OIMR is a vitally important fix for the Peruvian connectivity problem. It has opened avenues for rural connectivity for players like MayuTel – the first telecommunications operator to register for the license. Thanks to OIMR, the entry of more, new mobile operators willing

to serve rural and remote areas of the country is now imminent.


But for MayuTel, functioning as an OIMR meant that they needed infrastructure that was optimal for rural connectivity with QoS (Quality of Service) standards that was in line with theworld’s best.


In short, they needed a solution with the following characteristics:

  • Deployable without the use of heavy equipment
  • Easy to operate, with low maintenance
  • Uses low satellite bandwidth
  • Runs on minimal power that can be generated sustainably
  • Has low operating expense (OPEX)
  • Has low capital expense (CAPEX)

The Solution

In VNL’s rural network solution, MayuTel found a system that fulfilled all its requirements and brought about a paradigm shift in how mobile network sites are usually deployed world-wide. VNL’s solution has cut-through the rugged topography of the Andes, to be installed swiftly using unskilled, local resources

and it runs on reasonably low power, even on alternative energy, yet performs at par with a traditional telecom site. All 100 connected communities now enjoy dedicated voice and data coverage.


VNL’s deployment has helped reduce capital cost per subscriber for MayuTel while slashing network operating expenses, making mobile network services affordable for rural

communities. Low satellite bandwidth consumption clubbed with reasonable power bills ensures that MayuTel achieves an ARPU of $4-$6 – a healthy figure for multiple mobile network sites operating in rural areas with a population of around 300-400 people per village.


With VNL’s rural network solution as the backbone of Peru’s first OIMR project, MayuTel has set up a robust, functional mobile network infrastructure in 100 rural locations across Peru. The highlands of Apurimac, Ancash, Ayacucho and Cusco all the way to the Amazon regions of San Martin and Ucayali today enjoy complete cellular coverage – something that was earlier unthinkable for the now- connected population of 100,000.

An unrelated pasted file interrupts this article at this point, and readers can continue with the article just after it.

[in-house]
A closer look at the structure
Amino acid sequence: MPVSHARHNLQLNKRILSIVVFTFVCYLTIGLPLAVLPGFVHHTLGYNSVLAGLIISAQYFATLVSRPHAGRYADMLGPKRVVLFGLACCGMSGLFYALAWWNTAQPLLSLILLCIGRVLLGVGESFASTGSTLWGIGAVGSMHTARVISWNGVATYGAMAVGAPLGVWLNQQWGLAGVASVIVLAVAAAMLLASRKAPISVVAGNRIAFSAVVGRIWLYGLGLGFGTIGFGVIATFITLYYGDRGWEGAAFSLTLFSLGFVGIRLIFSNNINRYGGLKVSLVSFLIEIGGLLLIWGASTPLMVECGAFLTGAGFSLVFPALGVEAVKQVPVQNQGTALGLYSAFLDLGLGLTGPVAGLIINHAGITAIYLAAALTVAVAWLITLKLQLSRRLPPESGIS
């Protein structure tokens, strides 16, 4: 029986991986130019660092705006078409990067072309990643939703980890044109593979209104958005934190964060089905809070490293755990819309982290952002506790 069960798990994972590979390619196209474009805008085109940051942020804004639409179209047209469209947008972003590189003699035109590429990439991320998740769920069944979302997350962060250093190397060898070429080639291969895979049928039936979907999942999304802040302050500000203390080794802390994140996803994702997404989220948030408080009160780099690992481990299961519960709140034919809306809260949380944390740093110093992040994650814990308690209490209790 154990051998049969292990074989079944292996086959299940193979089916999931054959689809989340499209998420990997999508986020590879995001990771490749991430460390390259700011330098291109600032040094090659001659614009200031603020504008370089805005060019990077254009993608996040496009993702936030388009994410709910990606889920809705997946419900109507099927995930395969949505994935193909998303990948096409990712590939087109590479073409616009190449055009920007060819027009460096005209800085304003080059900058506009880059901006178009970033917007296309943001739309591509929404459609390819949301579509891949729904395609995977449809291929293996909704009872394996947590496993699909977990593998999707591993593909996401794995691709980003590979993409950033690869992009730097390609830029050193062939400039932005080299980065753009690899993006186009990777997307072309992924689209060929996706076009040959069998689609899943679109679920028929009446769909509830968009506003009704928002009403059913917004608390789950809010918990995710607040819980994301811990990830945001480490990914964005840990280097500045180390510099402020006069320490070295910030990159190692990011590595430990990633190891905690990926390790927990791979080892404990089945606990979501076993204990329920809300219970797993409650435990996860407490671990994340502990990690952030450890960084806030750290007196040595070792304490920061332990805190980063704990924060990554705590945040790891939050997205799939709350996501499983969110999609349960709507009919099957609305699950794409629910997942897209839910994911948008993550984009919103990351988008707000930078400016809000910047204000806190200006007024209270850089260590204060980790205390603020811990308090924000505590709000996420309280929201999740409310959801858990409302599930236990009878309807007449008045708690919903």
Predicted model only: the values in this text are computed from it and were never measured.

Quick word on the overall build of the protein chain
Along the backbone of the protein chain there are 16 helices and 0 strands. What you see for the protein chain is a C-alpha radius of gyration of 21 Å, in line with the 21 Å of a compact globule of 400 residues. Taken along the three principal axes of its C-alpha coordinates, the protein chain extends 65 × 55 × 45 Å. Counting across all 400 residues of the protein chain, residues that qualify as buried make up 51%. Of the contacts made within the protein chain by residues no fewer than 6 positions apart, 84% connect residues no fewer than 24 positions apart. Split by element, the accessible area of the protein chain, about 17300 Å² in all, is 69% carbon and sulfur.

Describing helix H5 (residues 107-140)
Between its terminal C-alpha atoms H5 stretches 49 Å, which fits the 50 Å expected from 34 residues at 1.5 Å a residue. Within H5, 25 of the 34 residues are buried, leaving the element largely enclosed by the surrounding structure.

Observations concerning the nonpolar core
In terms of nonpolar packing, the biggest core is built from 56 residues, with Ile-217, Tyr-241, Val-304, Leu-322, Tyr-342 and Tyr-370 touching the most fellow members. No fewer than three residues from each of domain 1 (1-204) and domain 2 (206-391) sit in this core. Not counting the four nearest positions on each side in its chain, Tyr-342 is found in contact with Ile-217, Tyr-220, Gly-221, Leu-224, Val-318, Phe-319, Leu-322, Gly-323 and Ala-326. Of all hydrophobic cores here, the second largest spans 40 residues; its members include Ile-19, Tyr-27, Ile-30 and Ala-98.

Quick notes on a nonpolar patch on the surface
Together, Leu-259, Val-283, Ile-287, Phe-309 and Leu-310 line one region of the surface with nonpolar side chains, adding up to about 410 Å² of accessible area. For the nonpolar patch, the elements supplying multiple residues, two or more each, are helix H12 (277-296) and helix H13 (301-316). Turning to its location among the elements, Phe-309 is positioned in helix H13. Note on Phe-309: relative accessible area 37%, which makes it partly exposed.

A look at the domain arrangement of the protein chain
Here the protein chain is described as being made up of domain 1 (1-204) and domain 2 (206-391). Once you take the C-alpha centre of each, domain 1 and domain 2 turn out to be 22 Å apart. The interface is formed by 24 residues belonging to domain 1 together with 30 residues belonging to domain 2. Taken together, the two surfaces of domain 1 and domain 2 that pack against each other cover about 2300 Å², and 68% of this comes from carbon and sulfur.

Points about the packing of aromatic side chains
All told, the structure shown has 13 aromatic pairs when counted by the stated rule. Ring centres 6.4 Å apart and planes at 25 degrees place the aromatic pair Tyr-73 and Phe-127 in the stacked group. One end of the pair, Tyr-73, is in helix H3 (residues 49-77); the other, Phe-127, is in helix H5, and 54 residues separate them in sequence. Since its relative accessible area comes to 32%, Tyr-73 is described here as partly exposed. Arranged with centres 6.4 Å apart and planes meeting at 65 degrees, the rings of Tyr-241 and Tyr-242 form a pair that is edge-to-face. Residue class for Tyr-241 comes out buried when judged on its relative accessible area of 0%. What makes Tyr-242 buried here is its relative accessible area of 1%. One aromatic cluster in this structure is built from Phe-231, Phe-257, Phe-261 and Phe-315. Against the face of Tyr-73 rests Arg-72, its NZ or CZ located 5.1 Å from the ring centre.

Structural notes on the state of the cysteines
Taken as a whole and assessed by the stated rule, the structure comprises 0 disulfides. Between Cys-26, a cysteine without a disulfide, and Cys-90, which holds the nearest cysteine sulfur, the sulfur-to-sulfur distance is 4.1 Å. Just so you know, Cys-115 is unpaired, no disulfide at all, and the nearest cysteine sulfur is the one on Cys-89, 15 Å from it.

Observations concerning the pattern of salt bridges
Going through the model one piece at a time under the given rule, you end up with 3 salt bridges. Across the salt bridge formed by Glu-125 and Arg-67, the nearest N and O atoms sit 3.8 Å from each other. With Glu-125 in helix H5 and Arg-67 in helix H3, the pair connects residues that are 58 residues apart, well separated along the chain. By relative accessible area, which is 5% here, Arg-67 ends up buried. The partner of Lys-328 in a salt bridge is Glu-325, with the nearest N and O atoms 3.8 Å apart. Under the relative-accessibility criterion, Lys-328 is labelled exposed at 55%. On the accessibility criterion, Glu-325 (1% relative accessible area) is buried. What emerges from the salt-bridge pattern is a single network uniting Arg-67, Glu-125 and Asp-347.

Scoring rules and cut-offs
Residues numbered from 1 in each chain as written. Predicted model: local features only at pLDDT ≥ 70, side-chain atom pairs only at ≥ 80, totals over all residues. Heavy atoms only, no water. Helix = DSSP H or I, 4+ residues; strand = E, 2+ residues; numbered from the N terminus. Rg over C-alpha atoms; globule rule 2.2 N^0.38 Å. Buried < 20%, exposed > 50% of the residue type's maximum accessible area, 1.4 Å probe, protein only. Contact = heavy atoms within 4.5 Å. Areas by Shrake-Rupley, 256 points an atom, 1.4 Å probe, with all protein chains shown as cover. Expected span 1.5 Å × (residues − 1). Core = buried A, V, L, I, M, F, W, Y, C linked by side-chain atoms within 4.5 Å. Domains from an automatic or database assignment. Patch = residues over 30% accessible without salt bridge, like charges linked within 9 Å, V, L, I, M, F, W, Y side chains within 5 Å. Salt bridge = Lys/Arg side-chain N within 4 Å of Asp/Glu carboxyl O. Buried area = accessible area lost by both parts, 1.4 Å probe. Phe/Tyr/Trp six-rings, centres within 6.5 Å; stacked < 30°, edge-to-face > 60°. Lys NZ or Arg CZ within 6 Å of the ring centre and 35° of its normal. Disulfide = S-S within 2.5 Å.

Families across rural communities of Peru can now keep in touch with members who migrate for work or

studies to different regions or countries. E-commerce opportunities are unfolding quickly for farmers and budding entrepreneurs alike. Agriculturists now have a viable sales process where they call ahead and co-ordinate the sale of their farm produce.


Mobile-first applications like e-Banking, e-Health, e-Governance and e-Education are simplifying lives across village. Active mobile connectivity now attracts public

service workers like teachers, doctors and nurses to these communities where their services are needed the most.

About VNL

VNL makes the award-winning WorldGSM™ system, a sustainable, turnkey GSM and broadband solution specifically for rural and remote locations. It also makes a range of privately owned and managed GSM &

broadband network solutions for specialized applications such as secure communication platforms for homeland security, communications for remote industrial centres and rapidly deployable networks for disaster and emergency situations.


VNL’s pioneering work has been widely praised. During Mobile World Congress, 2010, in Barcelona, VNL was the recipient of GSMA’s 2010 ‘Green Mobile – Best Green Programme

Product or Initiative’ Award. VNL was also named a ‘Technology Pioneer 2010’ by The World Economic Forum. In addition, VNL was named the third most innovative company, and the most innovative telecom company in the world, in the Wall Street Journal’s annual Technology Innovation Awards in 2009.